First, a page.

2. Consider the future of shares held in trusts. The proposed loss of the LCGE for some individuals on the sale of qualified small business shares means that owners must give careful consideration to whether those shares are likely to be sold in coming years. There is an election that owners, spouses or adult family members can make in 2018 that allows you to bump up your cost base to an amount between cost and fair market value and thus gain access to the LCGE. However, before making this election, owners are strongly encouraged to speak to their tax advisor to ensure that this is the appropriate course of action.
  3. Evaluate the contents of your trust. Not everything that can be held within a trust will be caught by the new rules. For example, if you have a family trust, of which your children are beneficiaries, with an investment portfolio that makes $5,000 a year from a mutual fund, that amount does not appear to be caught by these new rules as it is not income coming directly or indirectly from a small business. However, if your corporation pays a dividend into the trust next year and the trust uses that for investment, it could “taint” funds such that the income from those investments may become caught by these new provisions, to the extent that the income is subsequently distributed to your children under the age of 25. Individuals are encouraged to take a close look at what is currently held within the trust, whether shares or funds should be pulled from the trust before the implementation of these provisions, and whether the trust should be frozen and a new trust created.
  4. Prepare for change—but don’t hit the “go” button just yet. Now is the perfect time to re-evaluate your tax strategy in light of the proposed changes. As the year progresses, it is likely that tax advisors and lawyers will be busy helping clients prepare for these changes, so business owners are encouraged to reach out now. Once you have created your new plan, hold tight. Further changes or modifications to these proposals may occur and you need to remain ready to adapt.

Recommendations on how to provide feedback on the proposed changes

Trusts can offer advantages in many situations. Tax advantages gained through income splitting and access to the LCGE were only some of the benefits that trusts could provide. Trusts are still useful in many situations, including: providing greater privacy to protect the business, separating ownership and control of assets held in the trust and the ability to, in the future, decide which beneficiaries will benefit from trust property.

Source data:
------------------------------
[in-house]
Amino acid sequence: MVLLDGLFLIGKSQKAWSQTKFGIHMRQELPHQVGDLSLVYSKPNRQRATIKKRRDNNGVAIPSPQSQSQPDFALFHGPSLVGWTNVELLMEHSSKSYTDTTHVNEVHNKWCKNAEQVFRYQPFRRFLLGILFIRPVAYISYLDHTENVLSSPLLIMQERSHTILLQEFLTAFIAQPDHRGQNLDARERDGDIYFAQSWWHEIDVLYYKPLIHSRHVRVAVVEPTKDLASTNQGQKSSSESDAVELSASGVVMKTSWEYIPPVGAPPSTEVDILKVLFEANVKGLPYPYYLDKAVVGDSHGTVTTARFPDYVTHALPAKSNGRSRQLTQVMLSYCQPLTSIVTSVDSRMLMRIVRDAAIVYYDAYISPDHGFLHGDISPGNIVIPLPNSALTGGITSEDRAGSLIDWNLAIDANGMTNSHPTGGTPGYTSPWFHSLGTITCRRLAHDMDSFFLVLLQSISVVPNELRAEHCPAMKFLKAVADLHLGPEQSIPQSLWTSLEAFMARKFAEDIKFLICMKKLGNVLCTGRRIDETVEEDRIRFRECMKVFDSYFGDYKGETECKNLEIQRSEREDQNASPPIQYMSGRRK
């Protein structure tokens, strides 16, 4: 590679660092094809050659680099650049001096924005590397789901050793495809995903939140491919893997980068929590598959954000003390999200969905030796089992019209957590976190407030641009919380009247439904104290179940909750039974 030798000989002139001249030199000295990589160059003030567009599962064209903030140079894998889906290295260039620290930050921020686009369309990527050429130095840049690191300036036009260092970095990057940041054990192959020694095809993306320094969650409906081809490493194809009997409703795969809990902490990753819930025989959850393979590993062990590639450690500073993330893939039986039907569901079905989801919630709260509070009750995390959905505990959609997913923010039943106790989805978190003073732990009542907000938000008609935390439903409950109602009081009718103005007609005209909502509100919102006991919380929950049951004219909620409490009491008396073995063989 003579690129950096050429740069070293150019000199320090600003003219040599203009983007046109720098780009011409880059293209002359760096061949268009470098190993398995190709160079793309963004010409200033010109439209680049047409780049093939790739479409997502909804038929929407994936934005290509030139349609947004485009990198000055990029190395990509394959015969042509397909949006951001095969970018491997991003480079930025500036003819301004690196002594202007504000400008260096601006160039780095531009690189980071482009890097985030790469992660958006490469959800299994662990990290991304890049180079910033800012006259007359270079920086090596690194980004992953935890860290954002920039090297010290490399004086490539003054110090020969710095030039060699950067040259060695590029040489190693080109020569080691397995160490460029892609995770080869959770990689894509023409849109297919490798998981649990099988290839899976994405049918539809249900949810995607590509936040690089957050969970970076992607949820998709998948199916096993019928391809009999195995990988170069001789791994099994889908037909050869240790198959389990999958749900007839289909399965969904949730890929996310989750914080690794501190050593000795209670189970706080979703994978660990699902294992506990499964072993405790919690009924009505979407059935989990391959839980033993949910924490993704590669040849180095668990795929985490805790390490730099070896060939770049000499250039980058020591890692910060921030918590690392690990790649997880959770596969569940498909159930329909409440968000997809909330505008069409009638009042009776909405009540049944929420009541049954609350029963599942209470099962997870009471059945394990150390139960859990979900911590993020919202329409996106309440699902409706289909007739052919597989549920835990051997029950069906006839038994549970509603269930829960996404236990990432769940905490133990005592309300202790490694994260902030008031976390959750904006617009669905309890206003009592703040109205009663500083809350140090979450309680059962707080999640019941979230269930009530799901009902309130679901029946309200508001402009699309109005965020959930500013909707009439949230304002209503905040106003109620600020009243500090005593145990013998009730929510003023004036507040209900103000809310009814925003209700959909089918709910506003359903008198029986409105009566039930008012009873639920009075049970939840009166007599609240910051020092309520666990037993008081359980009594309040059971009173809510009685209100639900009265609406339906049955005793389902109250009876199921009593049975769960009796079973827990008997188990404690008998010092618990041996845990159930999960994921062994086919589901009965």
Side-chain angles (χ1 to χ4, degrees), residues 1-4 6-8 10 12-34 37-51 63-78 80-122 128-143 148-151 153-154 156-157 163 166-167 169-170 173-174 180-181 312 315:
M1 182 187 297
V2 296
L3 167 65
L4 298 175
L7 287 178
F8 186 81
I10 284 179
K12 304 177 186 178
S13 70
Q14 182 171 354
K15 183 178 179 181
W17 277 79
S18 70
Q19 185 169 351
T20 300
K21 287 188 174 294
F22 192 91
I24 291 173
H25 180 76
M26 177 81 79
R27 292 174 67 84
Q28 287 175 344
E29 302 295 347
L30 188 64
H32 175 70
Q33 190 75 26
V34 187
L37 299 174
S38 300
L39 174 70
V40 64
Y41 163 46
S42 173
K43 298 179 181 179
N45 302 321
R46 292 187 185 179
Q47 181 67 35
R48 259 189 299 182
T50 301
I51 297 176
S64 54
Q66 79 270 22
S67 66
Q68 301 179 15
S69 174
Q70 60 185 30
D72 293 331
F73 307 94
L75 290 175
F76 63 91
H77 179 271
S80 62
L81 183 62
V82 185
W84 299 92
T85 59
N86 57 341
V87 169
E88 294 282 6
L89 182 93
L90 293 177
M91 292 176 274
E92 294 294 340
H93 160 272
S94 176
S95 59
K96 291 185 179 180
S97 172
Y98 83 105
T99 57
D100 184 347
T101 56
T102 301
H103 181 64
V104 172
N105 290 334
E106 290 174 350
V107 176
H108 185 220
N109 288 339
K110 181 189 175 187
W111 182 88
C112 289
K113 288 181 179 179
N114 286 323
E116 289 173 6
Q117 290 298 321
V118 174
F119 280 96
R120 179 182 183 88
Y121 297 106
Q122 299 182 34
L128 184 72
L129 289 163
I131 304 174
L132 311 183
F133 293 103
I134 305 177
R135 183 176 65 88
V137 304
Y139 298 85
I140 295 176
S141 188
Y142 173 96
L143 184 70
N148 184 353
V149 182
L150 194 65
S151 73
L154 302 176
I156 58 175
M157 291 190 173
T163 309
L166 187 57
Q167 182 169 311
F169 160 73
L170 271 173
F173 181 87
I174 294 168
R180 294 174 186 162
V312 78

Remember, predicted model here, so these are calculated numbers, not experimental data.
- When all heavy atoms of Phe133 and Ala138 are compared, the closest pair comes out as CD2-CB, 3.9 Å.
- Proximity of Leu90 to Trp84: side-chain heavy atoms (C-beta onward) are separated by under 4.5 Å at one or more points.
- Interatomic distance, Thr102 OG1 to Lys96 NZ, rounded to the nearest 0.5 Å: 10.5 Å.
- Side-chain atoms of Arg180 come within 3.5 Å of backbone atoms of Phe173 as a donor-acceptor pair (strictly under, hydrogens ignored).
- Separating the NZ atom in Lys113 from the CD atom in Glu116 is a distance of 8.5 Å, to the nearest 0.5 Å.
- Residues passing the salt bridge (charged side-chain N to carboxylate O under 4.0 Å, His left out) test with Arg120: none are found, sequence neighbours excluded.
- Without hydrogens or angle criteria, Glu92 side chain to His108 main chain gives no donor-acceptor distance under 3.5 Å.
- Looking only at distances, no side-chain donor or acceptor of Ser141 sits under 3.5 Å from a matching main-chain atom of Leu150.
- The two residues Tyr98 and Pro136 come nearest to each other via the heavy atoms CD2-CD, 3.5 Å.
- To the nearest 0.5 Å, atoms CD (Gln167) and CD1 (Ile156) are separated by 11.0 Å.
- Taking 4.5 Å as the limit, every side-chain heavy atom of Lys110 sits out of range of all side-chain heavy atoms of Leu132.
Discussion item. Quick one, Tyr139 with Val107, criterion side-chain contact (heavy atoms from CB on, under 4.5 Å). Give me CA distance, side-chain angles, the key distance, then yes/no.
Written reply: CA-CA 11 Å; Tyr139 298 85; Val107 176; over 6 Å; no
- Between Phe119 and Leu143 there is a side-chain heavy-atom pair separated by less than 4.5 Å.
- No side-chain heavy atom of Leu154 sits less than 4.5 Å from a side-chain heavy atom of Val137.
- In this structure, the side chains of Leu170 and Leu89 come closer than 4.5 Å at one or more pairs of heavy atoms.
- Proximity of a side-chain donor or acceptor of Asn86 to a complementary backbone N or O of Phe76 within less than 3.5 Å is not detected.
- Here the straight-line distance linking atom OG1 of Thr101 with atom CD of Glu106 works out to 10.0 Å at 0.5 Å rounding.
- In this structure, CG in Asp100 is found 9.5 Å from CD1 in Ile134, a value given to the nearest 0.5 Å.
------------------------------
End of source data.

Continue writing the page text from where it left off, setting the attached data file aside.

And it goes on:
While the changes put forth by the Department of Finance have yet to be finalized, the materials released surrounding income splitting and capital gains include draft legislation and a detailed whitepaper. We can assume that there will be minor tweaks and modifications before these changes become law. Despite this, all Canadians affected by these and other proposed changes are strongly encouraged to share their opinion on these measures by providing feedback to their advisors, and communicating with relevant professional organizations.

Trusts will remain an important part of the financial planning landscape for small business owners, but a re-evaluation of your current trust use should be a priority. For advice and support on these proposed changes, speak to your BDO advisor.

View all of BDO's related content in our Private Corporation Tax Changes Round-up resource.

Contributor

Eric Wipf
Partner, Canadian Tax


The information in this publication is current as of September 8, 2017.

This publication has been carefully prepared, but it has been written in general terms and should be seen as broad guidance only. The publication cannot be relied upon to cover specific situations and you should not act, or refrain from acting, upon the information contained therein without obtaining specific professional advice. Please contact BDO Canada LLP to discuss these matters in the context of your particular circumstances. BDO Canada LLP, its partners, employees and agents do not accept or assume any liability or duty of care for any loss arising from any action taken or not taken by anyone in reliance on the information in this publication or for any decision based on it.